70 years of reign |  Elizabeth II cheered on the balcony of Buckingham Palace

70 years of reign | Elizabeth II cheered on the balcony of Buckingham Palace

(London) Having become rare in public due to her deteriorating health, Elizabeth II was cheered by tens of thousands of people on the balcony of Buckingham Palace on Thursday, on the first day of celebrations marking her 70th reign, unprecedented longevity. for the British monarchy.

It was the long-awaited climax to the four-day platinum jubilee festivities of the ultra-popular 96-year-old sovereign, a symbol of stability despite the upheavals the country has been through, appreciated for her tireless dedication, irreproachable neutrality, and her ironic humor.

The Queen, who ascended the throne at the age of 25 on February 6, 1952, when her father George VI died, stepped onto the world’s most famous balcony, dressed in a dove-blue ensemble, leaning motionless on a cane. She was accompanied by the Duke of Kent, a colonel cousin of the Scots Guards, one of the elite regiments of the British Royal Guard, who greeted participants in the annual “Hail to the Colors” military parade.

She returned to the balcony a little later, for a flyover by the Royal Air Force, this time accompanied by members of the Royal Family on official duties and their children. Absent for both Prince Harry and his wife Meghan, who attended the parade discreetly from another building, in their first return to the United Kingdom together since their sensational departure from California in 2020. Also missing was Prince Andrew, who paid millions of dollars to put an end to a sexual relationship. assault complain.

“reinvent yourself”

For this festivity, a dense crowd, colored with flags and portraits of the Queen, gathered along the Mall, the avenue that leads to the palace.

“It is a unique day, it will not happen again as long as I live: 70 years on the throne,” Peter said, questioned by AFP at the hearing.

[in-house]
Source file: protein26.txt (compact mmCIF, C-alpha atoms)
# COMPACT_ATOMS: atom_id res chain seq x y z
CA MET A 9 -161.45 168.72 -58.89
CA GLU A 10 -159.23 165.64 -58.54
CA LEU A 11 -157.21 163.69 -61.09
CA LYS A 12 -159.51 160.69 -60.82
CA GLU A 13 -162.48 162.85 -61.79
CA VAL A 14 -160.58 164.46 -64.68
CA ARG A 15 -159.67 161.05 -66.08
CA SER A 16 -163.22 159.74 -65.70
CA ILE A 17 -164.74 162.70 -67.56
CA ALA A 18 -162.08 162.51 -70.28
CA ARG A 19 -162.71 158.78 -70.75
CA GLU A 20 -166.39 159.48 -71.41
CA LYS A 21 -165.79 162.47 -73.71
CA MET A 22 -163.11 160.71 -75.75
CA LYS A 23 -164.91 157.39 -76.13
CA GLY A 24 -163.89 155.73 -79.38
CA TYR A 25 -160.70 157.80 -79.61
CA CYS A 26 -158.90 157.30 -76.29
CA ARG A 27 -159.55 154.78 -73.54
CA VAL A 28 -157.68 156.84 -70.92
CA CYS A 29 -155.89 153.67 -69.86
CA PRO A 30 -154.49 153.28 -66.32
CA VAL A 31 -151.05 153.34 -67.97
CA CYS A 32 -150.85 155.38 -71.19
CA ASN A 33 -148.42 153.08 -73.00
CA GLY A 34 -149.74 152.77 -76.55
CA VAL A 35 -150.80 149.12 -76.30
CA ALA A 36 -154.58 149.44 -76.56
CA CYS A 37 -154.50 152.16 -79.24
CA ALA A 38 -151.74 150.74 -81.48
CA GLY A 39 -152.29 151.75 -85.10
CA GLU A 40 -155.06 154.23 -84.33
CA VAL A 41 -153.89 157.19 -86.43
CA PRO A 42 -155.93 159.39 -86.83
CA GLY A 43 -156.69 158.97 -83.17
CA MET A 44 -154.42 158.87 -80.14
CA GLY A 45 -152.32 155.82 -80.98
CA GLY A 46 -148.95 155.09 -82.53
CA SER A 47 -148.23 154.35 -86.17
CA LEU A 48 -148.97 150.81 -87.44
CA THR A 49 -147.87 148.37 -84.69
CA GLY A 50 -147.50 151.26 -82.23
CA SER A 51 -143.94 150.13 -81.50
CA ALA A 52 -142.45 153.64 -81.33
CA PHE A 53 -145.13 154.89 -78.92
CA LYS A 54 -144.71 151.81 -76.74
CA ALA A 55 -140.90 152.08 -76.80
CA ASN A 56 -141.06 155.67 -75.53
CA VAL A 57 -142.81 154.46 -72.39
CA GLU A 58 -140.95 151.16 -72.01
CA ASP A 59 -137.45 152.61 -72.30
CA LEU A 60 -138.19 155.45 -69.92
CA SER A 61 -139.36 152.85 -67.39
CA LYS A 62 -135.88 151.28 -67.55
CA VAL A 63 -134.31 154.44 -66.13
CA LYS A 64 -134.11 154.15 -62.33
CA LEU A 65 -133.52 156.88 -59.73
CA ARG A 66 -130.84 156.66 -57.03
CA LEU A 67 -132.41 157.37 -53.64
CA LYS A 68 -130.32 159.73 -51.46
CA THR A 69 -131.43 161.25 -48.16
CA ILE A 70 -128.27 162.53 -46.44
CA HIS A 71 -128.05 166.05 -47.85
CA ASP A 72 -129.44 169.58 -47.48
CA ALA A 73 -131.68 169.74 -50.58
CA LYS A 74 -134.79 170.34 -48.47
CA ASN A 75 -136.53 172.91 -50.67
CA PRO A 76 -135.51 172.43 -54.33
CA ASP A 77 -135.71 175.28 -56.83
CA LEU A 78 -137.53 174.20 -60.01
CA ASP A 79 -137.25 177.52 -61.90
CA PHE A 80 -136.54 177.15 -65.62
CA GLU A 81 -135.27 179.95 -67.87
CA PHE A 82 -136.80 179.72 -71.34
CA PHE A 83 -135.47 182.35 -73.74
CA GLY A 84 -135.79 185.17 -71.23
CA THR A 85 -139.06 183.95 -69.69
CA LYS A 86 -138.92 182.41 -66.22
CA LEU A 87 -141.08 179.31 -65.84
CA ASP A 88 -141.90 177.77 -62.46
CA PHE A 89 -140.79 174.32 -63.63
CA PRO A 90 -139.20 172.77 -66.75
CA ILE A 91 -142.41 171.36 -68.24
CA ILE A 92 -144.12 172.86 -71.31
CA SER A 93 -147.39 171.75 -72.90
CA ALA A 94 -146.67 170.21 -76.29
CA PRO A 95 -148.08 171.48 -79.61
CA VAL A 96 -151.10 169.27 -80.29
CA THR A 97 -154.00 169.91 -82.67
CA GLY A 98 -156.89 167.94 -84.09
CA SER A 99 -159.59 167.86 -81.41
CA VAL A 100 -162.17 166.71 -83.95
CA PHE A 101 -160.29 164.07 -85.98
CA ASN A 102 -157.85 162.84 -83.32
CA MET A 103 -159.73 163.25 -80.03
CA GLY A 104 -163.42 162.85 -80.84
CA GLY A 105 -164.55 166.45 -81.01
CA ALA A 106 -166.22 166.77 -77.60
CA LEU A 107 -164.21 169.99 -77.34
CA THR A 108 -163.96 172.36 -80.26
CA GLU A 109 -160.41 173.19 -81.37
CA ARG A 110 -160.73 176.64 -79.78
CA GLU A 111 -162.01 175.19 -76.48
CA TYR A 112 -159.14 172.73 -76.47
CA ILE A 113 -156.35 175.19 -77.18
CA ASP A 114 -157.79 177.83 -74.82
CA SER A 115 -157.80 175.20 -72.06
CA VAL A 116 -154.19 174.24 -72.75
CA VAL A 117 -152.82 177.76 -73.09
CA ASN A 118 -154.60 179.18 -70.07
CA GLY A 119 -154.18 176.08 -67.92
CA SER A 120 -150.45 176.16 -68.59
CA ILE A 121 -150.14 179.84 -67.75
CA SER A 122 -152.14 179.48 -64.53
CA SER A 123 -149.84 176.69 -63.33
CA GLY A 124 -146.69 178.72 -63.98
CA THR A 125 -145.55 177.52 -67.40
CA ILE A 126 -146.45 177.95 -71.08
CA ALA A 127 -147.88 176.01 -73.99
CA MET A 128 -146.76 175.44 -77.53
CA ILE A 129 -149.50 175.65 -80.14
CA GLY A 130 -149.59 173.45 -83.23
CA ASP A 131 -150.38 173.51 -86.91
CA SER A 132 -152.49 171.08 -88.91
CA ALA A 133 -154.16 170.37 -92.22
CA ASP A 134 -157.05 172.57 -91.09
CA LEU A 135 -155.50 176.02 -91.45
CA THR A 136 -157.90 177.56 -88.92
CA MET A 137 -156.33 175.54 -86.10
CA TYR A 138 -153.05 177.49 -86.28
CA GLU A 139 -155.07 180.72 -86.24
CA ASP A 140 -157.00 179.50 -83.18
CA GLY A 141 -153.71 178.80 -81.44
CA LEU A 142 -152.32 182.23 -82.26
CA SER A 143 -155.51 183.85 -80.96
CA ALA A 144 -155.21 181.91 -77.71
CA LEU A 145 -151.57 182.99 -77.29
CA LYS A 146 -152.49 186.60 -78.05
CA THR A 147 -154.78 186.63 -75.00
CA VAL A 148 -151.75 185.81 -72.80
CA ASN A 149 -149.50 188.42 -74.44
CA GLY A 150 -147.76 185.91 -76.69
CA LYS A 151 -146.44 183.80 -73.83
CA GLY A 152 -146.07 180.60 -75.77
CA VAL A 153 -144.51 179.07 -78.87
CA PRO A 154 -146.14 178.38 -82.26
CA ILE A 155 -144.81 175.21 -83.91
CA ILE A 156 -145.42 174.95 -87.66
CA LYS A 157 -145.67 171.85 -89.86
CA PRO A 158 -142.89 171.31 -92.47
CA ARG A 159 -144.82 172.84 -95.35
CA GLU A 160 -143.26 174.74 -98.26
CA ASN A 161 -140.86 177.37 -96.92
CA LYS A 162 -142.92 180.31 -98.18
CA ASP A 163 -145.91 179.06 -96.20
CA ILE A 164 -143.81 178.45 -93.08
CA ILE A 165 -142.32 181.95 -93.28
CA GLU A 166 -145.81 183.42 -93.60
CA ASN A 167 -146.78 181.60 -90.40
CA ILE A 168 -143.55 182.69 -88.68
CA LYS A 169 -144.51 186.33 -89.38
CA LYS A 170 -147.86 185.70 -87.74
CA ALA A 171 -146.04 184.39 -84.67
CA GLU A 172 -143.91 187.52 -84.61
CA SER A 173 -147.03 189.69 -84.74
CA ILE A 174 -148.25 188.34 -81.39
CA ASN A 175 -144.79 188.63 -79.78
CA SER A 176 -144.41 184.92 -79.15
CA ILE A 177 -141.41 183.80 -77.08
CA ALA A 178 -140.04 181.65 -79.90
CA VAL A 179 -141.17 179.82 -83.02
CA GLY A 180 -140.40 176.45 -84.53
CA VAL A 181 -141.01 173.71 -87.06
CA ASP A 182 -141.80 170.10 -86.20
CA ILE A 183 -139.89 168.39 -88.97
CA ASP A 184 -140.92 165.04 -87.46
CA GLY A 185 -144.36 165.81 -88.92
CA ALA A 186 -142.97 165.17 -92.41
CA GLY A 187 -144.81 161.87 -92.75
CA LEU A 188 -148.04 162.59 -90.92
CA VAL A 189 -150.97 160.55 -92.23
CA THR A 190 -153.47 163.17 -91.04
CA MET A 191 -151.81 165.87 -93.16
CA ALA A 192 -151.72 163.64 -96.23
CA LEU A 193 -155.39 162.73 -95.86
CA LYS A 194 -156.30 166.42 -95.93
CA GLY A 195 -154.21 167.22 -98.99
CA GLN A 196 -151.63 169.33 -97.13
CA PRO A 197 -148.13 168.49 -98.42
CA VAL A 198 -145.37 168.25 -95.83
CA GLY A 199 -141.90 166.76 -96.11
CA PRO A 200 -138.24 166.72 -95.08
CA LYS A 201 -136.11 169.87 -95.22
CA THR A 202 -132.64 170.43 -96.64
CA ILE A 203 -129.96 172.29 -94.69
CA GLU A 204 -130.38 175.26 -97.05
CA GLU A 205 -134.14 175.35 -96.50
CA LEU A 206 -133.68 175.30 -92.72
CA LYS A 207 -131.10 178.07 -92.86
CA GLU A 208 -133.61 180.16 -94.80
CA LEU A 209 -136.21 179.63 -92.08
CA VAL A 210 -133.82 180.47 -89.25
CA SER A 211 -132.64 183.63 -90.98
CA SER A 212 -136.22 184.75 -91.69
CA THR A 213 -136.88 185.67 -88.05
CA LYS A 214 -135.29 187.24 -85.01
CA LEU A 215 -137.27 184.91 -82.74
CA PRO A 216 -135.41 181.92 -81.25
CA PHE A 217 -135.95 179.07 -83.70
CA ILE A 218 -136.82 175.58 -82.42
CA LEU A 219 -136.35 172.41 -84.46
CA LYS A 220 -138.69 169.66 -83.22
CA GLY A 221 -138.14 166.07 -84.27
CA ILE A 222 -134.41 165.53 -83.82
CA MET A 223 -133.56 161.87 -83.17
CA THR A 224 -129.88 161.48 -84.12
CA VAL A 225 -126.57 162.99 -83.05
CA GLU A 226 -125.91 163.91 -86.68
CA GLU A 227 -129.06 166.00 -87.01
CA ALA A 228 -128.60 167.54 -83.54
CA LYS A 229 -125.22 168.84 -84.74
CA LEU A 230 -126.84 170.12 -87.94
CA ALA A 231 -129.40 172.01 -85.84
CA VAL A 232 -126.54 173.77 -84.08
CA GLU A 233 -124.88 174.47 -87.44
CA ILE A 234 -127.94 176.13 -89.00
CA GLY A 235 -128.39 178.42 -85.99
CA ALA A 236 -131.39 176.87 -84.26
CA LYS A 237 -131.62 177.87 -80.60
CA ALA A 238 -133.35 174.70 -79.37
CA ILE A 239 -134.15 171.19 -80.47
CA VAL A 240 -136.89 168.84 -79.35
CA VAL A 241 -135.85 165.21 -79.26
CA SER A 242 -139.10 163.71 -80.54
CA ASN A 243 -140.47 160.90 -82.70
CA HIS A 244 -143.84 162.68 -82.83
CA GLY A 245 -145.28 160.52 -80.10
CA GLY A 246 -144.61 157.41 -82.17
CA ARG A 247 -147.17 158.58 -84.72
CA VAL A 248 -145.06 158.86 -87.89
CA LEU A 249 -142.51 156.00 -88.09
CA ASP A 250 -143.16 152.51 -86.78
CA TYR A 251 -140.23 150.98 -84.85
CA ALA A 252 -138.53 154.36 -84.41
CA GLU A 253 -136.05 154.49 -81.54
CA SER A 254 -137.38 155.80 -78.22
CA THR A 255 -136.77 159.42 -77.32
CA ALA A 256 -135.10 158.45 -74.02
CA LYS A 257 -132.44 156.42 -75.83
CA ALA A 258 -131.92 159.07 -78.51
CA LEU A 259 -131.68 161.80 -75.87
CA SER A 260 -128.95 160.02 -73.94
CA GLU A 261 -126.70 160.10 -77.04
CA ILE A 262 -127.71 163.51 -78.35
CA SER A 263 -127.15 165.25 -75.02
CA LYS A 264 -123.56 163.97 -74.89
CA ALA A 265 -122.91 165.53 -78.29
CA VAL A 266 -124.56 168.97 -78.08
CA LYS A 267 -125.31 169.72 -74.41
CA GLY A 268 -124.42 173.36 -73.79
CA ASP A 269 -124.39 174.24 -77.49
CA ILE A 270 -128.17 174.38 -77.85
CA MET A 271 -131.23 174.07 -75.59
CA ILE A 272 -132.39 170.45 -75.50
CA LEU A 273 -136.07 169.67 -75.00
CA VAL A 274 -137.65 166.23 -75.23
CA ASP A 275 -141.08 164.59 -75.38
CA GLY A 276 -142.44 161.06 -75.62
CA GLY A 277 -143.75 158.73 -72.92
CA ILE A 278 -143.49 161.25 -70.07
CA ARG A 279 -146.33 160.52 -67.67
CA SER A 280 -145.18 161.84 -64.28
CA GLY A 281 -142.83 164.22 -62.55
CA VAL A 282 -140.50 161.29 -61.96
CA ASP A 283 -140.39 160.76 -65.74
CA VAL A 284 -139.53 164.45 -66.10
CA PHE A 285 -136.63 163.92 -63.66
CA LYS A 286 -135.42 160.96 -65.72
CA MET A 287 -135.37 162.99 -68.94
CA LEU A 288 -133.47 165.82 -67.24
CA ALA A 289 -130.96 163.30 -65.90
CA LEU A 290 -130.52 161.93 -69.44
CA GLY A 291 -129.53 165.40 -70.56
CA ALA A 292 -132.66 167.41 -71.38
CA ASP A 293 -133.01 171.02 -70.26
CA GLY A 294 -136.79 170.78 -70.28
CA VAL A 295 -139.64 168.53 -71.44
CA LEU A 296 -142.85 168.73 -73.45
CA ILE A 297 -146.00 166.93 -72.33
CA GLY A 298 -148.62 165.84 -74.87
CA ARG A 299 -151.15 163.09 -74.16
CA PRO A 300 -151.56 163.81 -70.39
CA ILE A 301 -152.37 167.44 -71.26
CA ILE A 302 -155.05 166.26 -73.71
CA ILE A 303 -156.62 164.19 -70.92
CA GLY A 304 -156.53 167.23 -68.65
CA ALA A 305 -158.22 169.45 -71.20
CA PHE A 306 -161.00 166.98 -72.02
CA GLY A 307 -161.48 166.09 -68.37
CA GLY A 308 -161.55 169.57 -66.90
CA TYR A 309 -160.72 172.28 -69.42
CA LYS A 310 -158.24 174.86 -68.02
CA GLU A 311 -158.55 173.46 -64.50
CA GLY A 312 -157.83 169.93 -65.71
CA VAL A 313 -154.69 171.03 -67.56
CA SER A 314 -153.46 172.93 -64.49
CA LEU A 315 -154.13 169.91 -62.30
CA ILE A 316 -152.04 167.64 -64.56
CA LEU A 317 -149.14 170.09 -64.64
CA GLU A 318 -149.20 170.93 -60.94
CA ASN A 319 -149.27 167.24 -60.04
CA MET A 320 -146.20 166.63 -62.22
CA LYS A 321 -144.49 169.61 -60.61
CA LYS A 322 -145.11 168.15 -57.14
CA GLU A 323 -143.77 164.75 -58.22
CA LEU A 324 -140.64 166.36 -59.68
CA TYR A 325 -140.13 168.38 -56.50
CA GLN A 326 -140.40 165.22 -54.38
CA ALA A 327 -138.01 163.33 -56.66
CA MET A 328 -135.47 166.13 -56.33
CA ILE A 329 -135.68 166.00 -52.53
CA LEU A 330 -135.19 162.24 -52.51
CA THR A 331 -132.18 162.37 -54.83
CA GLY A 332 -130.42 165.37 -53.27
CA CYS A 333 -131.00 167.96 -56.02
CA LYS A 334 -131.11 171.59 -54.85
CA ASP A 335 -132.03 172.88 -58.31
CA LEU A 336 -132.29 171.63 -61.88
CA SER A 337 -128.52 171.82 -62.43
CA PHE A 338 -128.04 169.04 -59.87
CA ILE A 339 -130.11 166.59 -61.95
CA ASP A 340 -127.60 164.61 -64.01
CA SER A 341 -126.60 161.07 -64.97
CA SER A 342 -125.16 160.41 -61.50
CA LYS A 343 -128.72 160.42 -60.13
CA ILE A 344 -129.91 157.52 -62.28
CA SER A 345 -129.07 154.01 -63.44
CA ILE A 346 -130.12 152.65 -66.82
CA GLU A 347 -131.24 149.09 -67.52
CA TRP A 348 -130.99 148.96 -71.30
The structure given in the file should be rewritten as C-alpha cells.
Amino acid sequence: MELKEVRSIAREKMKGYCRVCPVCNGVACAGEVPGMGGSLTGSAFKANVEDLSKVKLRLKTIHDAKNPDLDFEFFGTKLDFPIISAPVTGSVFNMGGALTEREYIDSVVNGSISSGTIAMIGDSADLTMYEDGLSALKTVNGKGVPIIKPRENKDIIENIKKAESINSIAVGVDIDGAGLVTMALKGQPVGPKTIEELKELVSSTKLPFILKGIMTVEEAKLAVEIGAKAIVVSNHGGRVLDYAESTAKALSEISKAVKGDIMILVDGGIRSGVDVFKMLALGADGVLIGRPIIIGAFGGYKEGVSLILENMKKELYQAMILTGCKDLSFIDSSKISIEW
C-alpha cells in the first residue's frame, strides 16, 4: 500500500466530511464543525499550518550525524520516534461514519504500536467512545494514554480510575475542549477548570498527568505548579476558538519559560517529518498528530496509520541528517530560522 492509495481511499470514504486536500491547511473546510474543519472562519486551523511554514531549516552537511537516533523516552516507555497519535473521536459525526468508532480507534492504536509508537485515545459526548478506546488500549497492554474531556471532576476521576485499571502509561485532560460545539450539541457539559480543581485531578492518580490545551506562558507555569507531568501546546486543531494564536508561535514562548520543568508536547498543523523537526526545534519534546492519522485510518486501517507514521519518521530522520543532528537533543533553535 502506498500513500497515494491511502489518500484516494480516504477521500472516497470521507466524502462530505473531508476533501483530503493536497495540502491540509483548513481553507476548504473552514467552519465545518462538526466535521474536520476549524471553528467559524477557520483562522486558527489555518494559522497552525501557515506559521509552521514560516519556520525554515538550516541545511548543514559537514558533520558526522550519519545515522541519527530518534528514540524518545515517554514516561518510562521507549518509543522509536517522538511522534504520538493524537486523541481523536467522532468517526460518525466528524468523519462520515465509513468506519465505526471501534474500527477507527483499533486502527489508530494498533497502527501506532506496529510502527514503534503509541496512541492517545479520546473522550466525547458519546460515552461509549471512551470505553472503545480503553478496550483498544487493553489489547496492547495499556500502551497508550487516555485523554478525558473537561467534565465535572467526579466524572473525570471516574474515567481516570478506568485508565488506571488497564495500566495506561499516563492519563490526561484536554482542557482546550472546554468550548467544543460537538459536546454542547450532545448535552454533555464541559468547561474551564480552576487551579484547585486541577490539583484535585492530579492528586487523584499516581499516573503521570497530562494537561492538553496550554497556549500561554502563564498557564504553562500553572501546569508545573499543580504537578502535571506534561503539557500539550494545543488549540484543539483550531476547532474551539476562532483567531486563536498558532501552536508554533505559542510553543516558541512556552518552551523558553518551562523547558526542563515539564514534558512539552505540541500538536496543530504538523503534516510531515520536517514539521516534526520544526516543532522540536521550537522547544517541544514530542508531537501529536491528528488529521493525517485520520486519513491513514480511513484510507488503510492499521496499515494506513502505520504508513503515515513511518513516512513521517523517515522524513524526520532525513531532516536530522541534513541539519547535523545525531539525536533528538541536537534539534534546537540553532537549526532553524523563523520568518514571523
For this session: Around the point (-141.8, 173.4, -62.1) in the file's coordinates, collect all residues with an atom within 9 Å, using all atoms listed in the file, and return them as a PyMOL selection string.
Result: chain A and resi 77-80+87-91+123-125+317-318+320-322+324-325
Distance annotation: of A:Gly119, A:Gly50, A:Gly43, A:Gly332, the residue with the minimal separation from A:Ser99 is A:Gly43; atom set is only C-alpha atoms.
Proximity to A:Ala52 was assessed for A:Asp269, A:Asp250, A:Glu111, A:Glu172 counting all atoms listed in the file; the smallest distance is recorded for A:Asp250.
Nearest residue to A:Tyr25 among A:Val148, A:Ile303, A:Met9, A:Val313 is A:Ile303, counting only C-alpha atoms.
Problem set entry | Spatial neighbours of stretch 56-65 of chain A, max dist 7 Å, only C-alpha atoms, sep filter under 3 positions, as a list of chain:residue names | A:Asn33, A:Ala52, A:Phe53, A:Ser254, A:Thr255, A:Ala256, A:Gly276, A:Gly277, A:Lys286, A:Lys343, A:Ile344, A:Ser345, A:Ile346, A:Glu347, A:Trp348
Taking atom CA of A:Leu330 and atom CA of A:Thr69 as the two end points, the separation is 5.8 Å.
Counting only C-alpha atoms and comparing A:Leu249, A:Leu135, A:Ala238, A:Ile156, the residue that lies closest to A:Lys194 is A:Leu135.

“It only happens once in a lifetime”, adds Mark Cornell, who came especially from the north of England, who nevertheless assures that he is not an unconditional fan of the monarchy: “they must reinvent themselves for the new generations”.

On horseback, the heirs of Elizabeth II, Princes Charles, and William paraded in the famous red suit with a long bearskin hat for the traditional annual parade, which brought together more than 1,200 soldiers and hundreds of musicians. Their respective wives, Camilla and Kate, arrived in a carriage with the latter’s three children, George, Charlotte, and Louis.

Never has a British sovereign reigned as long as Elizabeth. It is unlikely that another will achieve such longevity: Charles, the crown prince is 73 years old, and his son William will soon be 40 years old.

For Britons, this jubilee brings a respite and a moment of communion after several years of angst over Brexit and strict COVID-19 lockdowns, now followed by sky-high prices.

Giant bunting, flags, and portraits were hung on streets across the UK. After Thursday’s parade, the Queen is to light a 21-meter-high tree-shaped sculpture in front of Buckingham Palace at night from a distance from Windsor Castle. Then a mass is planned for Friday, a giant concert on Saturday, and above all tens of thousands of popular gatherings, including giant picnics on Sunday.

Charles’ growing role

“I hope that the next few days will be an opportunity to reflect on everything that has been achieved in the last 70 years, looking to the future with confidence and enthusiasm,” the sovereign, head of the country, said in a written message. State of 15 kingdoms, from the United Kingdom to Canada and New Zealand.

Congratulations poured in from around the world, with French President Emmanuel Macron praising his “dedication” to Franco-British “unbreakable friendship”. Even the Irish Republican Party Sinn Fein has highlighted its role in the Northern Ireland peace process, a move long unimagined since the IRA’s former political showcase.

Confirmed Wednesday night by the palace, Elizabeth II’s appearances, which have become rare, are eagerly awaited. Because her health worries her: since a night in the hospital in October she has canceled almost all of her official appearances.

Weakened since the death of her husband Philip last year, she has trouble walking. However, she shows no willingness to back down and has made several surprise appearances recently, smiling and relaxed.

In this end-of-reign environment, the monarchy is facing growing criticism, especially in the former colonies, about the British Empire’s slave-owning past.

In the United Kingdom, the queen is still very much loved by her subjects with 75% favorable opinions according to the YouGov institute, but her heir Charles is much less appreciated (50%). Only 39% of Britons believe that the institution will still exist in 100 years.


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